Brand Positioning Guidelines for Business Growth

Posted by Carolyn Crafts
Brand Positioning Guidelines for Business Growth | FullSurge

What can businesses do to stand out in a crowd?

The market has become extremely noisy, making it difficult to get your ideal customer's attention. But correctly positioning your brand and communicating your point of differentiation to your target audience can help you get noticed.

Every brand needs to have a meaningful, compelling, unique, and credible positioning for customers and any stakeholders interacting with it. Brand positioning is the foundation of any brand strategy.

Without a differentiated positioning, brands have little to no hope of being differentiated in the marketplace. This is because all expression and activation elements related to a brand should be consistent with — and informed by — the brand positioning.

What is a brand positioning statement?

Brand positioning represents the very foundation of brand strategy. While many companies might not formally define and document other aspects of brand strategy (e.g., brand architecture or brand experience), most at least articulate a formal positioning statement for their brands.

By definition, positioning is instrumental in achieving differentiation. It is the key to breaking the cycle of monotony. Without a unique positioning, a brand has little hope of establishing meaningful differentiation within its category.

A brand positioning statement describes what your business does and what differentiates you from your competitors. The promise component of a positioning statement, which typically represents a brand's primary point of difference, must be a customer-end benefit.

Your brand positioning is the fundamental strategic statement at the core of every marketing campaign. It will help you create messaging that establishes value in customers' minds. Your positioning needs to be unique, valuable, and yours alone.

How to develop your brand positioning statement

Your positioning statement creates clarity and consistency in the way the market perceives you. It provides consistency and continuity throughout all of your marketing and communications. Without a positioning statement to guide marketing efforts, a company can waste time and resources wandering without direction or focus.

Key components of a brand positioning statement include:

  • Target customer
  • Statement of the problem and your solution
  • Brand promise
  • Reason to believe

Target Customer

Identifying your target audience enables you to create products and services that address their wants and needs.

In today's complex and highly competitive marketplace, brands need to serve multiple audience segments—not just customers but also other important stakeholders. As such, the traditional model for brand positioning must evolve to reflect modern-day reality. Marketers need to define brand positioning holistically to serve a broader, more diverse stakeholder audience better.

Statement of the Problem and Your Solution

Understanding your target audience is vital. If you identify what your target customer truly needs, you can define your solution showing them that you appreciate their situation. Get their attention, and they will listen to what you have to offer.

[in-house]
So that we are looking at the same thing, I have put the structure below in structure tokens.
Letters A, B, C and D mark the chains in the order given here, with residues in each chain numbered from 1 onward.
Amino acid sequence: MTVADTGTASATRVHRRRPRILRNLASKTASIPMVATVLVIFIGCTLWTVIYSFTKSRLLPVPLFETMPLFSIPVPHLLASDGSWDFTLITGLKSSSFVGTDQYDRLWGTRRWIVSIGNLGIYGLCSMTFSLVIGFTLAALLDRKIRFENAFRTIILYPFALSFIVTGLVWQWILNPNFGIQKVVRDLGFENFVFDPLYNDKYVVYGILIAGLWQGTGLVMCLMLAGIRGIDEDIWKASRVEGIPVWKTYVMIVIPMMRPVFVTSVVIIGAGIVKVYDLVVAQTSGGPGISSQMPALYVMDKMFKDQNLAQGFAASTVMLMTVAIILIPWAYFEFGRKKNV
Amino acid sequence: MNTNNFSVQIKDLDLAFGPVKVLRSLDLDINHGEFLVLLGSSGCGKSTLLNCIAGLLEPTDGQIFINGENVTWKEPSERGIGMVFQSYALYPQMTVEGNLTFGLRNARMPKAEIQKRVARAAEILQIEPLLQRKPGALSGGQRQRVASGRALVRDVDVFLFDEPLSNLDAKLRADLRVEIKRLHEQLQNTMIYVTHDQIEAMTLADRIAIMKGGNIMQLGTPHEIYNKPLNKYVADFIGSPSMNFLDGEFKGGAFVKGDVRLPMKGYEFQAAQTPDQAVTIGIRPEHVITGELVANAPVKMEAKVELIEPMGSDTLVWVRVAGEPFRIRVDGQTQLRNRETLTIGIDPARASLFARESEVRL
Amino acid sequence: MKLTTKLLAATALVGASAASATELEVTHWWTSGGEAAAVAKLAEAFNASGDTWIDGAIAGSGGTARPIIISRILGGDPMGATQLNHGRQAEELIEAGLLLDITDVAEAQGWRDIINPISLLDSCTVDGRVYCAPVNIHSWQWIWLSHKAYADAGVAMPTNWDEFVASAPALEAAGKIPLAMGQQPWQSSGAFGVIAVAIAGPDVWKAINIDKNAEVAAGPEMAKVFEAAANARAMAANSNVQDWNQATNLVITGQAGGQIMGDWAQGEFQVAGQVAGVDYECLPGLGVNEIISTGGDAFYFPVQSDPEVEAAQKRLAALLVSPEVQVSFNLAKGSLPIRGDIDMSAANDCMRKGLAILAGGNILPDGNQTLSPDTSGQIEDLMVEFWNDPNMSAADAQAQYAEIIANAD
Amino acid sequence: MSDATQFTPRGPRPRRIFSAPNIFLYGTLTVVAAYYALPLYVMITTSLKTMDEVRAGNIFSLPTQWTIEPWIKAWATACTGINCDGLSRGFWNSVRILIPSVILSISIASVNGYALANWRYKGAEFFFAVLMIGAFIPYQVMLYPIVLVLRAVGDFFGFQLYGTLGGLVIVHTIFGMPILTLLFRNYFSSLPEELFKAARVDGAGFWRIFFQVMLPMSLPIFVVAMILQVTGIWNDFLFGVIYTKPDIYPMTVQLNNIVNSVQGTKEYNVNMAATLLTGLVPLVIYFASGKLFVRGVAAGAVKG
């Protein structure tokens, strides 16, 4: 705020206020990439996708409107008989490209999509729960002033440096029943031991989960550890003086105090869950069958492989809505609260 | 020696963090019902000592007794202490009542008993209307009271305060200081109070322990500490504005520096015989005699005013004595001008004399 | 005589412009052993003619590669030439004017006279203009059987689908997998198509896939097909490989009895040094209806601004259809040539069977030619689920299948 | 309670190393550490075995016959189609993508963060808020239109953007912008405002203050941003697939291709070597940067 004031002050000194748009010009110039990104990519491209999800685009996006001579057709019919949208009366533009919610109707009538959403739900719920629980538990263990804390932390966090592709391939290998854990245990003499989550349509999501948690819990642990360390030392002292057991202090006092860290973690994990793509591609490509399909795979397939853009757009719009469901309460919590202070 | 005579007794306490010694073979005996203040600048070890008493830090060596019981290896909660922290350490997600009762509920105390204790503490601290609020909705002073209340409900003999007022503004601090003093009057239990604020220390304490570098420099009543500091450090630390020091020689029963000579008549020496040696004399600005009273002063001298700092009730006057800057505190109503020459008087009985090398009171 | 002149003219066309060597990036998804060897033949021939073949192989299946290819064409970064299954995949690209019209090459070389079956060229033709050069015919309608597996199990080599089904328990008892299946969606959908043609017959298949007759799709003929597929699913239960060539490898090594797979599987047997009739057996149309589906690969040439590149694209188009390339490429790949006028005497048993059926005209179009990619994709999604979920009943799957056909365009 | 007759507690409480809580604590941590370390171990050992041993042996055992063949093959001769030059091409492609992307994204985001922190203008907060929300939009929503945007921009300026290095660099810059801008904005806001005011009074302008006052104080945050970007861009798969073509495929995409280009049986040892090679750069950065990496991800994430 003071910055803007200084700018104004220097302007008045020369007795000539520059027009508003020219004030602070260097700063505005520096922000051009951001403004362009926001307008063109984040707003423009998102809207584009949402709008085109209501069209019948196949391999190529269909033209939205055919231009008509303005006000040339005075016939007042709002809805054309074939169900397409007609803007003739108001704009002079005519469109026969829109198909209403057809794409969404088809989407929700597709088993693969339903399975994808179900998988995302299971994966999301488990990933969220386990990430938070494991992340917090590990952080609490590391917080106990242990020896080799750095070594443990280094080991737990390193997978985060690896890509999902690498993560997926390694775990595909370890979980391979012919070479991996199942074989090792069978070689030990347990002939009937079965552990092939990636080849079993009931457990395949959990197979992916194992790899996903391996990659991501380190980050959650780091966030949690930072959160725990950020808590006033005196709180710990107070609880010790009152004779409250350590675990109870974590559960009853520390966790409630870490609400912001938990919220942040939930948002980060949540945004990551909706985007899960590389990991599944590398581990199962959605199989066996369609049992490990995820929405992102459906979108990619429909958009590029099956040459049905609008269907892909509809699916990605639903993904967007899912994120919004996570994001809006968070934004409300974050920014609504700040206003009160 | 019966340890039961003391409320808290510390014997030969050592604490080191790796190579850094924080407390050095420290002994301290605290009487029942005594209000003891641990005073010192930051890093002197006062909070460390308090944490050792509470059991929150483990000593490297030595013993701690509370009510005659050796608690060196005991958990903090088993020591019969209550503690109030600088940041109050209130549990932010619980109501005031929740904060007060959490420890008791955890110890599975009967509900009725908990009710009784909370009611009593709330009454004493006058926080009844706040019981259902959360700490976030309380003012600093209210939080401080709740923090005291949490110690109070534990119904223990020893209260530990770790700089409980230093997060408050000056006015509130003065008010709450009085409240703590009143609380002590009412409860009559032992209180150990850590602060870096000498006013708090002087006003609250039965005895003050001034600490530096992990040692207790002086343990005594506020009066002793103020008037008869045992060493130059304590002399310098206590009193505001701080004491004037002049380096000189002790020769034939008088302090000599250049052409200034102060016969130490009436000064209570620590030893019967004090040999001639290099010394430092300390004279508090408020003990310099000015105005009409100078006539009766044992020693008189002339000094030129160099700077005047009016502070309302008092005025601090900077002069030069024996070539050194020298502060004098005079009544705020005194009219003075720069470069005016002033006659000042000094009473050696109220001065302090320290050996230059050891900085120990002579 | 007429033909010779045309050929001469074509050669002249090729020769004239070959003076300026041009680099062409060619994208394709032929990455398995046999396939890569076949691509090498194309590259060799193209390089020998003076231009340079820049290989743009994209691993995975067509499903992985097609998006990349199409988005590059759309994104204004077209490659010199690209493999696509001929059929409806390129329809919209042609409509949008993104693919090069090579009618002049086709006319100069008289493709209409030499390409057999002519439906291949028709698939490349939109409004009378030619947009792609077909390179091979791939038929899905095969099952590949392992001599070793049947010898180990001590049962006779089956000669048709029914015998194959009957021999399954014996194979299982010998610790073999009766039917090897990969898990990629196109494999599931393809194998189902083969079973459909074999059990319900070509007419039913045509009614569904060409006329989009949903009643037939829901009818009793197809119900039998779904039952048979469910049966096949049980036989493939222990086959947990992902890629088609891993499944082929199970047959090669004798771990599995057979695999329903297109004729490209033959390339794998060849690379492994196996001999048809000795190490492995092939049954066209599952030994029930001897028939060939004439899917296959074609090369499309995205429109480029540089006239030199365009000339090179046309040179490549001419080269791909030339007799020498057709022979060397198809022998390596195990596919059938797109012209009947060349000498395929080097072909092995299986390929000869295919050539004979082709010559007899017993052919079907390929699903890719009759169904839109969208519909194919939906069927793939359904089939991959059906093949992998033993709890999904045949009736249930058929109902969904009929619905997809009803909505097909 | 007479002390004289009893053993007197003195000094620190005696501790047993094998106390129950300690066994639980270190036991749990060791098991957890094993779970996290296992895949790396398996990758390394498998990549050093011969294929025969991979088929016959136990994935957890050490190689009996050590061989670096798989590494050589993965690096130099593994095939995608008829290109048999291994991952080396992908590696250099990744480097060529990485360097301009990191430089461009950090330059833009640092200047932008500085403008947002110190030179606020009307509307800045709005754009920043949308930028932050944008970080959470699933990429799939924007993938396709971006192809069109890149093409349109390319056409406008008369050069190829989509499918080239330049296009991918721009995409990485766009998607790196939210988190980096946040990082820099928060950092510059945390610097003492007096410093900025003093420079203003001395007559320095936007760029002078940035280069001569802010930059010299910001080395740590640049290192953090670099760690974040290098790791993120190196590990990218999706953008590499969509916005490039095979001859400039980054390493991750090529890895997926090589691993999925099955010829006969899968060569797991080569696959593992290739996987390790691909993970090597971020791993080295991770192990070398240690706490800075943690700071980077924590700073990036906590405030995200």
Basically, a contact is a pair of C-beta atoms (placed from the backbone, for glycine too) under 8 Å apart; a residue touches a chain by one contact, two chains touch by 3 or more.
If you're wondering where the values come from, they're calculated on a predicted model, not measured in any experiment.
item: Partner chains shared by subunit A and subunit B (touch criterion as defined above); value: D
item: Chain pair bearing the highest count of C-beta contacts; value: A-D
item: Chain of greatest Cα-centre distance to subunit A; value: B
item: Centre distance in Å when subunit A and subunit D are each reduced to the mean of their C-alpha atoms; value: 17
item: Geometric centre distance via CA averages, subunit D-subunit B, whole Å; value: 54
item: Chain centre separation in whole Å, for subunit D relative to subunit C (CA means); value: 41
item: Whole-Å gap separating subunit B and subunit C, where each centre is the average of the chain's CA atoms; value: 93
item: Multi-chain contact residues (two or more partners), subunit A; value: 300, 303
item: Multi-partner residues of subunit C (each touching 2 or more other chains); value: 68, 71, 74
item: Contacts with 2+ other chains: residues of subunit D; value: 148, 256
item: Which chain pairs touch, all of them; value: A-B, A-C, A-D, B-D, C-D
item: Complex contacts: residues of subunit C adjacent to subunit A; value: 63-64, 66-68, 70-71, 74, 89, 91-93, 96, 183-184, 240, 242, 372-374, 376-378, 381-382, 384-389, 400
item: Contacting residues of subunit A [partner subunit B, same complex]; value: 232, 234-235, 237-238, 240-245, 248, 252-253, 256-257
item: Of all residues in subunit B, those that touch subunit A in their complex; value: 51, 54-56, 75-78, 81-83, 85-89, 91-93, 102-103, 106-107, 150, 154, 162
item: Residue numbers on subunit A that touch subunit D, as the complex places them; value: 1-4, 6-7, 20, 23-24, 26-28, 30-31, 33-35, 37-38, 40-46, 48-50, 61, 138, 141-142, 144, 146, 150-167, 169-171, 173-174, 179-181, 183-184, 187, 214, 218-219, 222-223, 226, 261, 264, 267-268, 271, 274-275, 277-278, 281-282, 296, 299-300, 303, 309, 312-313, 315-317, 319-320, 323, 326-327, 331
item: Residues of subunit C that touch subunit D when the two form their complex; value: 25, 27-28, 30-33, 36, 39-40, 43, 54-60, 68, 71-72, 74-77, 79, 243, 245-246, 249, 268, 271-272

Focus on the benefits to your target. Be clear on how your product or service benefits them and why their lives will be better once they do business with you.

Brand Promise

The promise is the distinctive payoff a brand provides to its intended targets. It should also represent the brand’s primary point of difference. While traditional positioning assumes the brand promise is a benefit (i.e., what the customer derives from purchasing the product or service), this need not be the case.

Many successful brands offer promises about a purpose (a “why”), a process (a “how”), or relevance to a niche audience (a “who”), independent of (or in addition to) a benefit (a “what”).

Regardless of which of these four types is chosen, the key is for the brand promise to represent something compelling about—and highly distinctive to—the brand.

Even though the promise needs to appeal to multiple stakeholder groups, it still needs to be single-minded, as referenced above. In other words, having multiple targets does not mean the marketer has permission to define multiple promises. Instead, the promise needs to be defined and articulated at a high enough level that it can be modified and applied for different target stakeholders—like an umbrella that covers multiple people.

Reason to Believe

It has become increasingly important for customers to engage with brands that go beyond making an income profit. They seek more profound connections with brands and look for a reason to believe in and buy into their offerings.

There is an emergence of generational cohorts, Generation Z, who are more socially aware, expect brands to have a purpose behind everything they do or say, from how brands interact and treat customers and employees to the kind of impact brands make in their communities.

Creating good messaging results from understanding your audience and what parts of your product or service are important to them. It does take time; however, going through the process forces you to focus your efforts.

Don't bypass this exercise. Creating a clear, defensible, differentiated brand positioning statement and supporting key messages ensures you speak clearly, consistently, and confidently to your target audience.

To do an effective job, it is often helpful to get an unbiased perspective to help you through their development. Our FullSurge brand consultants have extensive experience assisting clients in establishing a differentiated brand positioning that is meaningful to the customers they serve. Contact us to learn more.

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